Sanjay Gangal is the President of IBSystems, the parent company of AECCafe.com, MCADCafe, EDACafe.Com, GISCafe.Com, and ShareCG.Com.
Kralingen Mountain in Rotterdam by MVRDV
March 2nd, 2011 by Sanjay Gangal
Rotterdam is Europe’s main port, the port area stretches along the Rhine from the city centre towards the sea, its industries and cranes are the icons of the port city. The north east of Rotterdam is a sharp contrast to the general image of the city dominated by industrial activity and modern architecture: a green suburban area of great natural beauty. The historic neighbourhood of Kralingen, parklands, the river Rotte and a series of lakes with riparian leisure facilities such as yacht harbours mark this affluent part of the city. The area would be a real oasis in the dense urban fabric but it is brutally split by a motorway and train rail. The main artery of the Benelux, a motorway which connects the 3 main ports and generates constant traffic and pollution, cuts through this green area. The main eastern train lines run next to the motorway. Crouched against the infrastructure a series of industries are located, in a strange paradox surrounded by the nicest parks of the city.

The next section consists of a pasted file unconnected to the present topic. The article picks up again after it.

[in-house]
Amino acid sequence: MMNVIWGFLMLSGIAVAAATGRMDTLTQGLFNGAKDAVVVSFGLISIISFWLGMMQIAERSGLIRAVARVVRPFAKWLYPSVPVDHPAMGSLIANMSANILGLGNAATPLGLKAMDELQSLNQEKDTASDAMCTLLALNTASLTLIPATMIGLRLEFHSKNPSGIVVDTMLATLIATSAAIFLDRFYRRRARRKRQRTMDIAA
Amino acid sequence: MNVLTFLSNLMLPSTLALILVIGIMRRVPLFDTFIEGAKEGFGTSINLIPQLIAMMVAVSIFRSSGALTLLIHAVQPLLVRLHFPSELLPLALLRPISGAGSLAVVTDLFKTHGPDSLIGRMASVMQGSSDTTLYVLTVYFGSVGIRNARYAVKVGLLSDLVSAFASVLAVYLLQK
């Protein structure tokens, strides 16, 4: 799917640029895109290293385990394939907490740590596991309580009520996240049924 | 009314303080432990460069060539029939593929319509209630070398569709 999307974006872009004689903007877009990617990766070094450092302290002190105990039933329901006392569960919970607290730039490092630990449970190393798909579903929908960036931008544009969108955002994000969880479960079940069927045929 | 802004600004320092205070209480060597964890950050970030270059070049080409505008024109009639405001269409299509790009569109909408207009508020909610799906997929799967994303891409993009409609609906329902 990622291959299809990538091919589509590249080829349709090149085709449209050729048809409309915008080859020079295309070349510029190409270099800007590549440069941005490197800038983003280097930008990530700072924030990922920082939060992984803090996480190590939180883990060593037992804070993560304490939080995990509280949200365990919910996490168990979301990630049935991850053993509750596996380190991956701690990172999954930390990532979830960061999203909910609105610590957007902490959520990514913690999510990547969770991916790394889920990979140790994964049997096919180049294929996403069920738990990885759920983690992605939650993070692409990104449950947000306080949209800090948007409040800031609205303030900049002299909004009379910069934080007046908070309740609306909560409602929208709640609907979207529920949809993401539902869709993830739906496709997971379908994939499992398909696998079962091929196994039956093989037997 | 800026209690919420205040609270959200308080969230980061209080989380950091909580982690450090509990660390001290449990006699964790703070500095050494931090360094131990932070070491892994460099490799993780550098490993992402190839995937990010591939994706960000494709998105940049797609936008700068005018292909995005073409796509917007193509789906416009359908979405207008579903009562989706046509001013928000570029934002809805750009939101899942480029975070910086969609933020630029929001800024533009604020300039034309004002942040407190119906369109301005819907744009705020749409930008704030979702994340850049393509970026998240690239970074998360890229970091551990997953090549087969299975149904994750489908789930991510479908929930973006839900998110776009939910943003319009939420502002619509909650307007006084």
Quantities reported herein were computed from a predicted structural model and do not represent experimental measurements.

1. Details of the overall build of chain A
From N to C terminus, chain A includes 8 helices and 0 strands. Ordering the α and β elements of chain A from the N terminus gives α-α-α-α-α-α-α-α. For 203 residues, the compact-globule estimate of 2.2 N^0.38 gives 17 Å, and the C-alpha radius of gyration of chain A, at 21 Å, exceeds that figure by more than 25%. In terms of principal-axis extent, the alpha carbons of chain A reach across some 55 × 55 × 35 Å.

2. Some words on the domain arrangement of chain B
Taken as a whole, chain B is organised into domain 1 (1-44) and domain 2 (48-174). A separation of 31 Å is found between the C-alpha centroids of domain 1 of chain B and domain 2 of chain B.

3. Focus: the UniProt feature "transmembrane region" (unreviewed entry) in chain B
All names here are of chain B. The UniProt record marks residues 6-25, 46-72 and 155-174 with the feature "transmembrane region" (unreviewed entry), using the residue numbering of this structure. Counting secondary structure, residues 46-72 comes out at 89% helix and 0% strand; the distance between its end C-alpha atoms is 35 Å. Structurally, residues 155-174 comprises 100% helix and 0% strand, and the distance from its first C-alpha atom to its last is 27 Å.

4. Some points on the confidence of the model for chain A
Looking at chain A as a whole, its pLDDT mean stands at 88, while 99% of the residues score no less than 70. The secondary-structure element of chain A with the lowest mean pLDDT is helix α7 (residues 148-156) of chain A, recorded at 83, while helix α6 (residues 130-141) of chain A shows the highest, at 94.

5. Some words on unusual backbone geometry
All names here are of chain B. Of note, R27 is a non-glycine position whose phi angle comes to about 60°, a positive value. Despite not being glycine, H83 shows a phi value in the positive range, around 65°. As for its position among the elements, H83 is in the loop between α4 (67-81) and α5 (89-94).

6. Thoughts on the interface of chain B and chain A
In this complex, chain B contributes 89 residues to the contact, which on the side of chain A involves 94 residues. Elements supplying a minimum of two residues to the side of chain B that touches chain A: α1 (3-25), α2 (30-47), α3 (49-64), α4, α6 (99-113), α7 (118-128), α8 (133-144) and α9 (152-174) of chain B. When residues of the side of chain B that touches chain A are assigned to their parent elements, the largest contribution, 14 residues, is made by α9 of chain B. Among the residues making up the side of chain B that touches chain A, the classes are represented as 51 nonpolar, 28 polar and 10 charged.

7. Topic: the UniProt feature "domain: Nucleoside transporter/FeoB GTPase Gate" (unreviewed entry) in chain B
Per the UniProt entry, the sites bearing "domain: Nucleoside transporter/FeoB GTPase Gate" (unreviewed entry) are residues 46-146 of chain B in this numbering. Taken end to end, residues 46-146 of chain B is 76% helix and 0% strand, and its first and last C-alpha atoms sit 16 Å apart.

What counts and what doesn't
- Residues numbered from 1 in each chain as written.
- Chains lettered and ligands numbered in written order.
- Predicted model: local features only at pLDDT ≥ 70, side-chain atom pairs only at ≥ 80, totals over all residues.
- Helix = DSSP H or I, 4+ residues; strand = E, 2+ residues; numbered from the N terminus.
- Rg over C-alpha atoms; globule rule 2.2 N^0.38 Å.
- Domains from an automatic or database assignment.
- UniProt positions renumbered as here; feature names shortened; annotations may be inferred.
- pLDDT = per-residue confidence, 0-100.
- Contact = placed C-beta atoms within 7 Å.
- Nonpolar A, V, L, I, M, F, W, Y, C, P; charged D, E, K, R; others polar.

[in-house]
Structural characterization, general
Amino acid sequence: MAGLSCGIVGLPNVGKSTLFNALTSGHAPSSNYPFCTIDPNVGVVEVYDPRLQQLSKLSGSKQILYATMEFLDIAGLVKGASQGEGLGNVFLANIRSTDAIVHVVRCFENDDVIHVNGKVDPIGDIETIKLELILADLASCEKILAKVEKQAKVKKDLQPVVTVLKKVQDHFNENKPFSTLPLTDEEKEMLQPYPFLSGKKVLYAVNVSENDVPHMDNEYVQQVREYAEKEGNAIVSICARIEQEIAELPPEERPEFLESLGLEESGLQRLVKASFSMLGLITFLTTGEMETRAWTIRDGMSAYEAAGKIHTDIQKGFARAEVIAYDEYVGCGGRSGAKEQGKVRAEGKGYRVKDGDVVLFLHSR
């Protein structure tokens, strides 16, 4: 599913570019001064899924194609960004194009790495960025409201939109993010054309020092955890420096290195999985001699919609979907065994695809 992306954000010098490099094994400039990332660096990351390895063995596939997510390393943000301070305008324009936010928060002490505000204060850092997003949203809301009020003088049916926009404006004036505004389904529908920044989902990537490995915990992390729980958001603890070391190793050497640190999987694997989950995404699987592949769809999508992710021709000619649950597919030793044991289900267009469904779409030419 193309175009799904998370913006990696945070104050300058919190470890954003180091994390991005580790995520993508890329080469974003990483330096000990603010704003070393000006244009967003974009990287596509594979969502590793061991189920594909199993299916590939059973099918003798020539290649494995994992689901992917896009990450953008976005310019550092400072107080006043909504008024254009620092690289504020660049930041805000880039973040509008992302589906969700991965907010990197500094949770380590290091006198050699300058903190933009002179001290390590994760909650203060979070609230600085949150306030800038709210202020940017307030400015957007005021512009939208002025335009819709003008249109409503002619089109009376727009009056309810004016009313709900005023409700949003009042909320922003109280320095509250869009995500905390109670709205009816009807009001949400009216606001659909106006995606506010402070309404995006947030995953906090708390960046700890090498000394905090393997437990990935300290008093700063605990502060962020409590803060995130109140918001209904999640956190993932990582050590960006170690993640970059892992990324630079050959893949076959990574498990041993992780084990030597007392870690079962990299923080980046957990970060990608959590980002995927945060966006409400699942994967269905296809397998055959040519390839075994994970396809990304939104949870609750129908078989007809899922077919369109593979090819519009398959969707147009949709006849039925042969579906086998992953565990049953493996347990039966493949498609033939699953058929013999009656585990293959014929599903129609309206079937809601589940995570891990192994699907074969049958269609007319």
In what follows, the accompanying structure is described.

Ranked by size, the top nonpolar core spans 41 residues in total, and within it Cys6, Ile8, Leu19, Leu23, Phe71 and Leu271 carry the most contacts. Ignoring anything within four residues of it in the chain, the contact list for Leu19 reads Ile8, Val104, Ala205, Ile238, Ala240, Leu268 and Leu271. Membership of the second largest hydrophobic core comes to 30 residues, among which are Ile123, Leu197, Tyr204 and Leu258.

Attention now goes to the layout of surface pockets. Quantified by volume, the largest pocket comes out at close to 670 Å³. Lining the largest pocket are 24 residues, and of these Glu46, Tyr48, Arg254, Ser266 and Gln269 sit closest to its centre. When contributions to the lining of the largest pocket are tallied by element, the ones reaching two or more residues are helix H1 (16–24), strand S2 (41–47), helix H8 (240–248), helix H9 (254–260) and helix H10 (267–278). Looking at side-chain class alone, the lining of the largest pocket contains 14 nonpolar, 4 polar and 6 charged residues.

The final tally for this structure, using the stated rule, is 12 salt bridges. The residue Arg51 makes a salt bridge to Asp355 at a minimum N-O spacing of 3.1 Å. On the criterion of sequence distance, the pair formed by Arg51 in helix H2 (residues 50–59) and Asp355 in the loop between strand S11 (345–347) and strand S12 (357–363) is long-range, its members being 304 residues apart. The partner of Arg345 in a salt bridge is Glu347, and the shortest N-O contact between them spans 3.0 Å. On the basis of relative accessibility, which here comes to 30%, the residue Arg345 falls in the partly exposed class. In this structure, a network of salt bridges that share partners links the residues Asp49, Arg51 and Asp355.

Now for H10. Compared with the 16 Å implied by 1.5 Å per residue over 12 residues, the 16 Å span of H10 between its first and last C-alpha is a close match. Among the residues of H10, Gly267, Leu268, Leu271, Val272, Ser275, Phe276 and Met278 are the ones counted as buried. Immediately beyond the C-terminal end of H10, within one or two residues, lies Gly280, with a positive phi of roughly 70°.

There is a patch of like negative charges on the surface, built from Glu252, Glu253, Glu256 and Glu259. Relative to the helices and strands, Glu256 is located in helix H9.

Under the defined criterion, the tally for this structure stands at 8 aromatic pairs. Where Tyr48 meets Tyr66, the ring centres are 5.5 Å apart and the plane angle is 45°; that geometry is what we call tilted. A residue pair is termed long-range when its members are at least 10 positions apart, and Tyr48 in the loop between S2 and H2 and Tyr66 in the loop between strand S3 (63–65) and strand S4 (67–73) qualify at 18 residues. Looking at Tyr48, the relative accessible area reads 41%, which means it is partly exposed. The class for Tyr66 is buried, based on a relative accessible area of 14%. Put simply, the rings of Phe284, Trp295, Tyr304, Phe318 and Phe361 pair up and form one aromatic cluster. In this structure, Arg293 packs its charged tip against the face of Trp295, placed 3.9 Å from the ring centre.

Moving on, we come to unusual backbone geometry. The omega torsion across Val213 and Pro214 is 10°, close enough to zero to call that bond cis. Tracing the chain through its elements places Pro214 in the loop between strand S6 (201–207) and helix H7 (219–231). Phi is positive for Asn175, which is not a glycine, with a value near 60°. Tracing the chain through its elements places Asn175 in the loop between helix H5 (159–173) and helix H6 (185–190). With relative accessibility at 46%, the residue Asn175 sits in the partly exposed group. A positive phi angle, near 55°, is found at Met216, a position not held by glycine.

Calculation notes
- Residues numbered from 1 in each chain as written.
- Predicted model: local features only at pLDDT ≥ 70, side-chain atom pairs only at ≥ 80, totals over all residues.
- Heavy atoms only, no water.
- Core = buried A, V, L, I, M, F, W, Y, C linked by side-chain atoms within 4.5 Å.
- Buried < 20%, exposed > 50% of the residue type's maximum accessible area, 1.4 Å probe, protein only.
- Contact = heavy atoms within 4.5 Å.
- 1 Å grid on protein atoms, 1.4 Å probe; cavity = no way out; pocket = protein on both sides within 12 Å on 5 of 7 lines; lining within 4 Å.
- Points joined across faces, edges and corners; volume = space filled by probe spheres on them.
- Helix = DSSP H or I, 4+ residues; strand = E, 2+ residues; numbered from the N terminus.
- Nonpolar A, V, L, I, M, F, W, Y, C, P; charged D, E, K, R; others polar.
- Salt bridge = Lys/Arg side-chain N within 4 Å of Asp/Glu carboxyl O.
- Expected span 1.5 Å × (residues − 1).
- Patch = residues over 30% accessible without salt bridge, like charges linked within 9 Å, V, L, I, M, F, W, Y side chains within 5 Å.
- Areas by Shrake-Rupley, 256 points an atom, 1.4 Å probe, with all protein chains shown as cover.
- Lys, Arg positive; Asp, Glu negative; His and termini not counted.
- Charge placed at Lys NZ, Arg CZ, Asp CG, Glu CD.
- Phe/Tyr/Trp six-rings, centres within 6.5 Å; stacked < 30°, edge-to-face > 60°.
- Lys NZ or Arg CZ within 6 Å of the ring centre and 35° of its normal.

This offers the chance for a real change and development of the area by maintaining and enhancing the green character through a massive investment of covering the motorway with a park, reconnecting the greenbelt and financing this through the construction of high quality housing on top of the new hill, the ‘Kralingen Mountain’. Covering the motorway with parkland will create one large, connective park in the area and improve the quality of the surrounding communities. The hill which is created by covering the motorway provides wide views over the countryside, the lakes and the city as an effect of the flat Dutch landscape. An ideal location for a residential development which will be easy accessible by the near infrastructure but still be located in the midst of nature.
The construction of this large scale project combines a massive infrastructure effort which will be phased. The site is divided into 12 development zones of which seven need investment in infrastructure and five can be developed independently. Closure of either motorway or rail link for construction is not an option. The solution is the necessary anticipation on the future growth of both the motorway and train traffic. By doubling the capacity first the new infrastructure can be built and used before the existing lines are covered. A new underground railway station will make the area more attractive for residents. Invisible underground a large light industrial program is to be developed, on top a program of different residential typologies is developed fostering for different types of users all in a green environment, with views and connected to public transport. Two areas with office high rise are located near the tunnel entrances, providing the demanded sight-locations for the companies and keeping the middle part of the hill free for park landscape.
The Kralingen Mountain project will change 67 hectare of urban infrastructure desert into park landscape and quiet residential neighbourhoods.
Category: Mixed use